In the past 10 years, Boeing, Nike, Intel, Royal Dutch Shell, Tesla, Nissan, Ford, and General Motors have each received subsidy packages worth more than $1 billion to either move their corporate headquarters within the U.S. or, quite often, to keep their headquarters right where they are. New Jersey and Maryland reportedly offered $7 billion for HQ2, which would be the biggest corporate giveaway in American history.
There’s plenty in here to be upset about. But I’ll highlight just one thing that I think most people can agree on: the way these companies demand such strict secrecy from the public that is handing them the welfare checks. Virginia, for example, has agreed to provide Amazon with written notice of any public-record requests under the Freedom of Information Act “to allow the Company to seek a protective order or other appropriate remedy.”
This, too, is depressingly common. San Jose’s mayor and 17 other elected officials signed strict nondisclosure agreements with Google as part of an effort to bring the city a $67 million land deal. In Bloomberg today, Josh Eidelson reports that activists are now suing to make terms of the deal public:
City officials signed agreements “designed to transform public records, on such crucial issues as transit and environmental compliance, into private ones that the public does not see,” according to the filing. The “city and Google went to extraordinary lengths to keep the public in the dark.”
The agreements are invalid under San Jose’s municipal code, which restricts officials from entering into contracts without council approval, and violate state law barring agencies from letting outside parties control disclosures to the public, the plaintiffs said.
Perhaps the furor over Amazon’s regional offices will blow over. But it’s hard not to feel today as if the company misread the room — overestimating the public’s appetite for a billion-dollar giveaway to one of the world’s biggest companies, and underestimating the public’s ability to raise hell on- and offline. Amazon may yet feel that pain, in the long run. And in the short run, as Shira Ovide notes, it’s the dealmaking politicians who should worry:
Amazon doesn’t have to look far to find a worst-case scenario for backlash to a publicly funded corporate expansion. In Wisconsin, opponents of Governor Scott Walker made an issue of billions of dollars in tax breaks and other incentives for a factory built by Foxconn, the Taiwanese electronics manufacturer. Foxconn has changed the project, which may require far fewer workers than initially envisioned. Citizens upset about Foxconn mostly blamed their elected officials rather than a company far away. (Walker lost his re-election bid.) If perception sours on Amazon in Washington and New York, however, there will be enough blame for local officials and Amazon.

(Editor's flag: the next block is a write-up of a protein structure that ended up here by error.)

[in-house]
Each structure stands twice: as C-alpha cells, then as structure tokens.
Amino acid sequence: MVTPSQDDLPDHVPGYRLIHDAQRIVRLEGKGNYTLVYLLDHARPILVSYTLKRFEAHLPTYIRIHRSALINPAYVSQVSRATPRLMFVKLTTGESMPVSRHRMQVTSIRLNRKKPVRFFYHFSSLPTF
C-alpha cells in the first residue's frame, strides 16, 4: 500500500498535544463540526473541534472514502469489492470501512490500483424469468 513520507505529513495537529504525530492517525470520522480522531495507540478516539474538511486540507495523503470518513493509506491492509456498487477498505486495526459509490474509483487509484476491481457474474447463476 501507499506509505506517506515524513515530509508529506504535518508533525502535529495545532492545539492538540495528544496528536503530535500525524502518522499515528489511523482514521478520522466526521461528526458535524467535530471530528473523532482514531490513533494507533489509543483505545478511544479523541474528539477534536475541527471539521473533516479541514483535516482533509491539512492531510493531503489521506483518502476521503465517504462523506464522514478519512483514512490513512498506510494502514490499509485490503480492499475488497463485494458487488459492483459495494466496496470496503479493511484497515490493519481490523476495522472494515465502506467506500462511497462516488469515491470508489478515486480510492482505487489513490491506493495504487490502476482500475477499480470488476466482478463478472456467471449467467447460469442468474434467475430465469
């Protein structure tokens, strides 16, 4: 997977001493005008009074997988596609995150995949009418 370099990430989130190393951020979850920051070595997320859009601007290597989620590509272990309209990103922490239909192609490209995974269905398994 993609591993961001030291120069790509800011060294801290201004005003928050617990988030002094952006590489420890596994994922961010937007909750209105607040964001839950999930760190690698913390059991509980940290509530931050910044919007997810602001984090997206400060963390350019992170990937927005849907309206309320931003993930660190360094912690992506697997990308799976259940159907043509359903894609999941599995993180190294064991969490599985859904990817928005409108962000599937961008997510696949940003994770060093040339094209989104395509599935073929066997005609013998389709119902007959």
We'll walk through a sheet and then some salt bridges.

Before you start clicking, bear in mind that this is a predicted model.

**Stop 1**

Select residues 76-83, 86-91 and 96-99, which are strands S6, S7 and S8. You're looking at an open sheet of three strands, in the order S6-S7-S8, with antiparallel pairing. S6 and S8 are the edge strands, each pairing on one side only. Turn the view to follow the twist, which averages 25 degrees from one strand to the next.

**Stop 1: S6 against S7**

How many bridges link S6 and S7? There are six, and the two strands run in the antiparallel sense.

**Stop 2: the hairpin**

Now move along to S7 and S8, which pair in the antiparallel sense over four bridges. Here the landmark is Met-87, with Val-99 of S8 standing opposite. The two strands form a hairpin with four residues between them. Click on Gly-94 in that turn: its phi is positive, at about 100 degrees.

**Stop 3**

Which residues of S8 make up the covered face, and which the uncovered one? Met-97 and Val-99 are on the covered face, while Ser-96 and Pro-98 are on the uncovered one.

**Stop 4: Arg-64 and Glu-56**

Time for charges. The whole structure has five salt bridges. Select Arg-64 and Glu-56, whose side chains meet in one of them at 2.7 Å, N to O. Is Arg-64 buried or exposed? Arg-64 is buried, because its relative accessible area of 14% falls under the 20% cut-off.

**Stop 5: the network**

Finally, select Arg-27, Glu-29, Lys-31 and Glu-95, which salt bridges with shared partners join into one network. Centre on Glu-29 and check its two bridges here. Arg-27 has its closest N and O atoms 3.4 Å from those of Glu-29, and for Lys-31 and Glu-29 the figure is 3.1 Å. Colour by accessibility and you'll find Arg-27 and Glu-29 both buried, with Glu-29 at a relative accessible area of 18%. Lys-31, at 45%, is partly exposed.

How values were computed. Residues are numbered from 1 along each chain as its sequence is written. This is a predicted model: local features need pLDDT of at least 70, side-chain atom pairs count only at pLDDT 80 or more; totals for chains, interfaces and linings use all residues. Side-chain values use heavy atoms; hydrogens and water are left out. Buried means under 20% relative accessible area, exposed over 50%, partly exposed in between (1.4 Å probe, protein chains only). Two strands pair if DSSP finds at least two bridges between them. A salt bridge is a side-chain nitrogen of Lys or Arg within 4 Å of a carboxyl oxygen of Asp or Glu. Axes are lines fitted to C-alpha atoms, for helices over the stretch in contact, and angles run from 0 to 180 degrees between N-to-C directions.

More on that study
Yesterday I wrote about a new study from the University of Pennsylvania, which found that reducing social media usage led to lower levels of depression and loneliness. I got some good feedback from people who work at the companies involved, and wanted to share here.
I wrote to the study’s lead author, Melissa G. Hunt, and asked her whether in her work she had attempted to discover an optimal amount of social media usage. Here’s what she told me: “We cannot determine the ‘optimal’ time from our data. However, we can say that on average users who decreased their use from about an hour to about 25 minutes had improved outcomes. Some people in our study were using up to 2.5 hours per day. That’s clearly too much.”
I also spoke with some people who work (or used to work) at the companies in question, and they expressed frustration with studies that lump all social media usage together. Sending messages over Snapchat is not the same as thumbing through Instagram for two hours, they argue. The next generation of studies should draw finer distinctions around what kinds of social networking affect people negatively.
The caveat, though, is that most researchers don’t have access to that kind of fine-grained data — only Facebook does. So one thing the company could do is consider ways of making that data available, even if only in anonymized fashion, to researchers in closely monitored environments.
Finally, I also got an official comment from Facebook on Tuesday afternoon. Here it is:
Facebook did not participate in this study, but our teams are working to better understand the research about technology and well-being. We want people’s time on Facebook to be meaningful and positive and are building tools with people’s well-being in mind so they can better manage their experience. We are committed to continuing this work to foster safe and supportive communities for everyone.
Facebook released more details about the Russian influence campaign it disclosed just before the midterm election. Here’s Sal Rodriguez. (And here’s a deeper dive from the Digital Forensic Research Lab.)